WebMD Medical News
Brunilda Nazario, MD
July 22, 2008 -- Viagra, often prescribed to help men's erectile dysfunction, also helps women who experience sexual problems from antidepressant use, according to a new study.
Sexual dysfunction is a well-known side effect of some antidepressants, with up to 70% of men and women on antidepressants reporting sexual problems. It's a major reason depressed patients stop taking their medication, according to H. George Nurnberg, MD, the study's lead author and a professor at the University of New Mexico School of Medicine in Albuquerque. The study is published in TheJournal of the American Medical Association.
In the study, Nurnberg and his colleagues found that when women being treated with an antidepressant were given Viagra, they were more likely to have orgasms than those on the placebo.
''Seventy-two percent of the women on Viagra vs. 27% of the women on placebo got to 'much improved' or 'very much improved' on a scale [of sexual functioning],'' says Harry A. Croft, MD, medical director of the San Antonio Psychiatric Research Center in Texas and a co-author on the study.
''What Viagra did was increase the orgasm and the time to orgasm," says Croft, noting that orgasm difficulties are common in women on antidepressants. The Viagra also improved the satisfaction of the partner, he says. But ''it didn't increase drive and desire.''
The findings are no surprise to Irwin Goldstein, MD, director of sexual medicine at Alvarado Hospital in San Diego and editor-in-chief of The Journal of Sexual Medicine. "I actually prescribe a lot of Viagra for women," says Goldstein, who reviewed the study for WebMD.
The researchers evaluated 98 women on antidepressants, average age 37 and all premenopausal, assigning half to the Viagra group and half to the placebo group for the eight-week study. Viagra doses started at 50 milligrams a day, taken one or two hours before expected sexual activity, and could be increased to 100 milligrams. No one knew which pill they were taking.
On average, the women had been taking antidepressants for two years and had suffered sexual problems for at least four weeks.
Among the antidepressants taken were Celexa, Effexor, Paxil, and Zoloft.
The study was conducted at seven U.S. research centers between September 2003 and January 2007.
Because sexual problems are a prime reason patients give for stopping the antidepressants, experts think it is important to find a way to relieve the sexual problems.
Before starting the study, the women reported a variety of sexual problems, including lack of libido, difficulty becoming aroused or becoming lubricated, lack of orgasm, or delay in achieving orgasm.
Researchers used standard measures to evaluate sexual functioning and had the women keep a sexual activity log. They also assessed hormone levels.
When Nurnberg's team looked at overall sexual functioning, they found that 73% of the women on placebo had no improvement in sexual functioning but only 28% of the women taking Viagra reported no improvement.
When they looked at the individual measures, they found women treated with Viagra were significantly more likely to reach orgasm than those in the placebo group. When they looked at the individual measures, such as desire or lubrication, they did not find significant differences.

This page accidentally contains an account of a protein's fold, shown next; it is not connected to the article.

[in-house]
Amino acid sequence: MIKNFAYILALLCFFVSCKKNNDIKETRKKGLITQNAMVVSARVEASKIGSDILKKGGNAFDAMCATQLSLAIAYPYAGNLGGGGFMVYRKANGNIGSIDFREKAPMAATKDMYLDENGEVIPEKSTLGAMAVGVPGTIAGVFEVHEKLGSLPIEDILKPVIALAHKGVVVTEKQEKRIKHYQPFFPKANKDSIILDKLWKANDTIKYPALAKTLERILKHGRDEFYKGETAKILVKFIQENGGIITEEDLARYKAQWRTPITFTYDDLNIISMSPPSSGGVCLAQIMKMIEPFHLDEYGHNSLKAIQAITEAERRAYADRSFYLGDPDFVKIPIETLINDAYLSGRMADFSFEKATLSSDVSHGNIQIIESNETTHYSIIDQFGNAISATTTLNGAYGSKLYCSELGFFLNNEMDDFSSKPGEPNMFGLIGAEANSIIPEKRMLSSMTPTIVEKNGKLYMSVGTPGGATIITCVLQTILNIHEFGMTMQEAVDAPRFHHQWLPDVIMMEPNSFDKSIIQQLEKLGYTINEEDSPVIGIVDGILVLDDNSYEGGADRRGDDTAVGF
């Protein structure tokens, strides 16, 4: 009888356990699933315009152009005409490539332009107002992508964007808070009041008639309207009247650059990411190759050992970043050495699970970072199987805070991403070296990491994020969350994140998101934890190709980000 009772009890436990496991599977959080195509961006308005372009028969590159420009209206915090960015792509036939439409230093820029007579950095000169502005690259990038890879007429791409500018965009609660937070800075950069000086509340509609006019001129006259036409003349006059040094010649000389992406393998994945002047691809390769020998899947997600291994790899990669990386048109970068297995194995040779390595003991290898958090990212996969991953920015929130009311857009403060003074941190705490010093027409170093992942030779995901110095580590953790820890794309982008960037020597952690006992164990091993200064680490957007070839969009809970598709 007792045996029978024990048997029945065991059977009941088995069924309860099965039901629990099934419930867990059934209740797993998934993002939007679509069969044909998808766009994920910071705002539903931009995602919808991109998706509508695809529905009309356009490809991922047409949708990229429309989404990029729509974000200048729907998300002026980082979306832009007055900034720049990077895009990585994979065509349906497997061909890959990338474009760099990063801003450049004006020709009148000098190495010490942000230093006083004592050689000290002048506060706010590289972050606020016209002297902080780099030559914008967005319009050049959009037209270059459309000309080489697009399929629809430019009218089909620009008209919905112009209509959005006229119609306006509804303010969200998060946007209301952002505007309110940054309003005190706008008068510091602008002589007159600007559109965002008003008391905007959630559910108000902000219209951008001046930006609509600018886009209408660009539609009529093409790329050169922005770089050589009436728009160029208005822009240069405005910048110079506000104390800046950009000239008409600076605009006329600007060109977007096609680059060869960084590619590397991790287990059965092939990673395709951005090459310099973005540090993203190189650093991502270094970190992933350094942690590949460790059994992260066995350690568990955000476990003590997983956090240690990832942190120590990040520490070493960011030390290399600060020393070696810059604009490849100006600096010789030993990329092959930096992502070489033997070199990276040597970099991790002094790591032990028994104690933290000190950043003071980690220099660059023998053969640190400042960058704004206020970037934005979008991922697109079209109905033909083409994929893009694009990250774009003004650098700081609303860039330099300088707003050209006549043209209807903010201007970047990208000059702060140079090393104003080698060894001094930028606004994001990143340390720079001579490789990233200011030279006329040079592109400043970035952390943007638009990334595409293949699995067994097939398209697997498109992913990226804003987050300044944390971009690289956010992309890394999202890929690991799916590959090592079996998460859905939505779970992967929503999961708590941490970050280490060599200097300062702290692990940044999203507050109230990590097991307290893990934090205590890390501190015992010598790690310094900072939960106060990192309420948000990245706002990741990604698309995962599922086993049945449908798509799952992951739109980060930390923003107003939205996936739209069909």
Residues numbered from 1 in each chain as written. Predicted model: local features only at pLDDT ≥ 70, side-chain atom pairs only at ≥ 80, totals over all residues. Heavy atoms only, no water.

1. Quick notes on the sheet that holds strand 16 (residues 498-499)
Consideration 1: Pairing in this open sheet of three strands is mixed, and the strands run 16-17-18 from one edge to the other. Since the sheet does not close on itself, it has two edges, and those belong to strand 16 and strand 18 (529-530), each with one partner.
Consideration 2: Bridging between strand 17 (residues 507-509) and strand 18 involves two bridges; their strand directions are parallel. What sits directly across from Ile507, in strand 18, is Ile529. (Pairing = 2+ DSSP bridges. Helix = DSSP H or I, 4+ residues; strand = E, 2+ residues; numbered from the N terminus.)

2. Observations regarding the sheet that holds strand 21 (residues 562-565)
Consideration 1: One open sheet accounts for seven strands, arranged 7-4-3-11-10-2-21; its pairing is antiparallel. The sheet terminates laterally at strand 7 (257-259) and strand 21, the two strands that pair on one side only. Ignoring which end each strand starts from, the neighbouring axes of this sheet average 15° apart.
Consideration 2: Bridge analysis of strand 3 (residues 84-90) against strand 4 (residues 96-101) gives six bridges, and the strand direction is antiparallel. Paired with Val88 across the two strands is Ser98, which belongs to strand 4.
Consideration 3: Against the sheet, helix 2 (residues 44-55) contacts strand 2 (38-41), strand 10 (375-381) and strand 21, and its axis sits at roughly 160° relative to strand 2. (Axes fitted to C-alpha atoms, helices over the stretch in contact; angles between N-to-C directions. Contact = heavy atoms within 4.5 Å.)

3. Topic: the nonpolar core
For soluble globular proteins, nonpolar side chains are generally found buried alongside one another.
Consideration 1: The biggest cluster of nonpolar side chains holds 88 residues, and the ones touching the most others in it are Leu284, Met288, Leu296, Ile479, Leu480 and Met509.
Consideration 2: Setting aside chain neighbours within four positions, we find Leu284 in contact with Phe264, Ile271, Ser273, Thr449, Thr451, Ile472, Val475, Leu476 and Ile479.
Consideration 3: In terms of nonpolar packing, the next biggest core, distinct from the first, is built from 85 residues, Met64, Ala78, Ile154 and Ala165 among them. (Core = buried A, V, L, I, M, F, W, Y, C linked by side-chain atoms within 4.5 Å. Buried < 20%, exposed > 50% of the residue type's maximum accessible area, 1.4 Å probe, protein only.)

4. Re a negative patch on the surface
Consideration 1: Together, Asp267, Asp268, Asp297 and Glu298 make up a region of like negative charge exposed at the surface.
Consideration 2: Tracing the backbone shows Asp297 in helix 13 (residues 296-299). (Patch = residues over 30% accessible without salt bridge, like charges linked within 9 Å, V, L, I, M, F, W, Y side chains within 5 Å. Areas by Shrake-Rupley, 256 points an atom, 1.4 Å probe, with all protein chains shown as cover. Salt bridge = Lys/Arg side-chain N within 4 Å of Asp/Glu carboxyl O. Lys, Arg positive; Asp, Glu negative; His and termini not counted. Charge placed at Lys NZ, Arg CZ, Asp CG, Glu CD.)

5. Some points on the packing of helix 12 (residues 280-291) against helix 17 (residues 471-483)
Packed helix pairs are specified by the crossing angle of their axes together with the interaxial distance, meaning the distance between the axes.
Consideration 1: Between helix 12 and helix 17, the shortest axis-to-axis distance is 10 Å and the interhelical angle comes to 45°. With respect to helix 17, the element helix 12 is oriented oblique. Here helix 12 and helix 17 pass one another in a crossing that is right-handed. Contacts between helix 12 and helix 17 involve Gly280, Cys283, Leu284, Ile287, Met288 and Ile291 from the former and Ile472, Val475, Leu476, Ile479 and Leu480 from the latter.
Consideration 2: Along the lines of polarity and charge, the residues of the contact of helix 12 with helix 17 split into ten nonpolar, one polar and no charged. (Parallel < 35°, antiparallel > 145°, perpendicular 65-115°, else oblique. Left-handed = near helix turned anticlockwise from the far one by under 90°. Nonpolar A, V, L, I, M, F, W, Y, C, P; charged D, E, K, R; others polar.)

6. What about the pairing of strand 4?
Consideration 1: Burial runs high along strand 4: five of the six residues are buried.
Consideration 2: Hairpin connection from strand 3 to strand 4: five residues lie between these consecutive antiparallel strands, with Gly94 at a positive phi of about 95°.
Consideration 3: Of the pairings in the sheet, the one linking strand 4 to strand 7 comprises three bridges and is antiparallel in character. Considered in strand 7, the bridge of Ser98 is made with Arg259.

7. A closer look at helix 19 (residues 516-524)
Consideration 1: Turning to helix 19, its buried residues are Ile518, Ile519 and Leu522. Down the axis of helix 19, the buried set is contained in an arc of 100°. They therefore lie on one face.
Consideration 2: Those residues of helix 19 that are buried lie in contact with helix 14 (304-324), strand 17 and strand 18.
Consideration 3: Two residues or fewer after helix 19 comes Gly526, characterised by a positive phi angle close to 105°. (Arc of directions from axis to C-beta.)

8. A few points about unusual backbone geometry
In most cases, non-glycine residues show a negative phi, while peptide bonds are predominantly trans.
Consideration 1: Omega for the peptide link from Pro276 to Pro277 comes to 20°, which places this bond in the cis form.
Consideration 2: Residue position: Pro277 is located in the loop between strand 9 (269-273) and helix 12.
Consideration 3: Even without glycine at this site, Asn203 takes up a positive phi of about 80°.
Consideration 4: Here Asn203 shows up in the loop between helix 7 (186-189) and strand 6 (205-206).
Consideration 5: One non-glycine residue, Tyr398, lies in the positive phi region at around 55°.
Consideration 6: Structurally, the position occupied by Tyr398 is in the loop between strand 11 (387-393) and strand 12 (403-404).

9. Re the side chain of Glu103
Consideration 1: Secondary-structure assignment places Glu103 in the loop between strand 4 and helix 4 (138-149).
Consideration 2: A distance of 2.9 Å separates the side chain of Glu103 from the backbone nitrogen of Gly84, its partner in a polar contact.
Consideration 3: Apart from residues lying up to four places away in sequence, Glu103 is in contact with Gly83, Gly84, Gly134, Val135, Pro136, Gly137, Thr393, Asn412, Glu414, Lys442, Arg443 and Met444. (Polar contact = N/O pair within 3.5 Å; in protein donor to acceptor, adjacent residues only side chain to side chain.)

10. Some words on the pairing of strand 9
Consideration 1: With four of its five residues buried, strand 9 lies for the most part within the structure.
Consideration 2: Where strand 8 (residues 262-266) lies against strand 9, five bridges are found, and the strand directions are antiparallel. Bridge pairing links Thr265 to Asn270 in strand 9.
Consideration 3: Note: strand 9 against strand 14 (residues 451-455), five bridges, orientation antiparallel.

There was a significant difference, Croft says, in the partner's satisfaction.
The higher a woman's testosterone levels, the researchers also found, the more likely a positive treatment response occurred, regardless of group assignment.
The women reported some side effects, with the most common being headache, reported by 43% of the women on Viagra and 27% of those on placebo. Transient vision disturbances were reported by 14% of those on Viagra and 2% of those on placebo. No one dropped out of the study because of their side effects. In those women who continued their dose of antidepressants, their depression didn't worsen during the study, regardless of their group assignment.
The study was supported by an independent grant from Pfizer, which makes Viagra. The grant was initiated by the researchers and the pharmaceutical company had no other role in the study, the researchers say.
The study, Croft says, ''is the first and only double-blind, randomized trial that shows it works for this.'' Viagra, he notes, is not approved by the FDA for use in women, so the use is ''off-label'' and not typically covered by insurance.
Evaluating a woman's hormone levels before prescribing Viagra for sexual problems is important, says Goldstein, who is also a clinical professor of surgery at the University of California, San Diego. Normal testosterone levels, he says, are crucial for the successful effect of the drug.
"What Viagra does in women with normal testosterone [levels] is engorge their clitoris [with blood], which allows them to have orgasm," he tells WebMD. "Viagra acts on a man's penis and a woman's clitoris."
The finding that the drug did not affect desire or arousal comes as no surprise, either, he says. "Viagra has never been shown to increase desire in men or in women."
SOURCES:News release, The Journal of the American Medical Association.Irwin Goldstein, MD, director, sexual medicine, Alvarado Hospital, San
Diego; clinical professor of surgery, University of California, San Diego;
editor-in-chief, The Journal of Sexual Medicine; director, San Diego
Sexual Medicine.Harry A. Croft, MD, medical director, San Antonio Psychiatric Research
Center.Nurnberg, H. The Journal of the American Medical Association; July
23, 2008; vol 300: pp 395-404.
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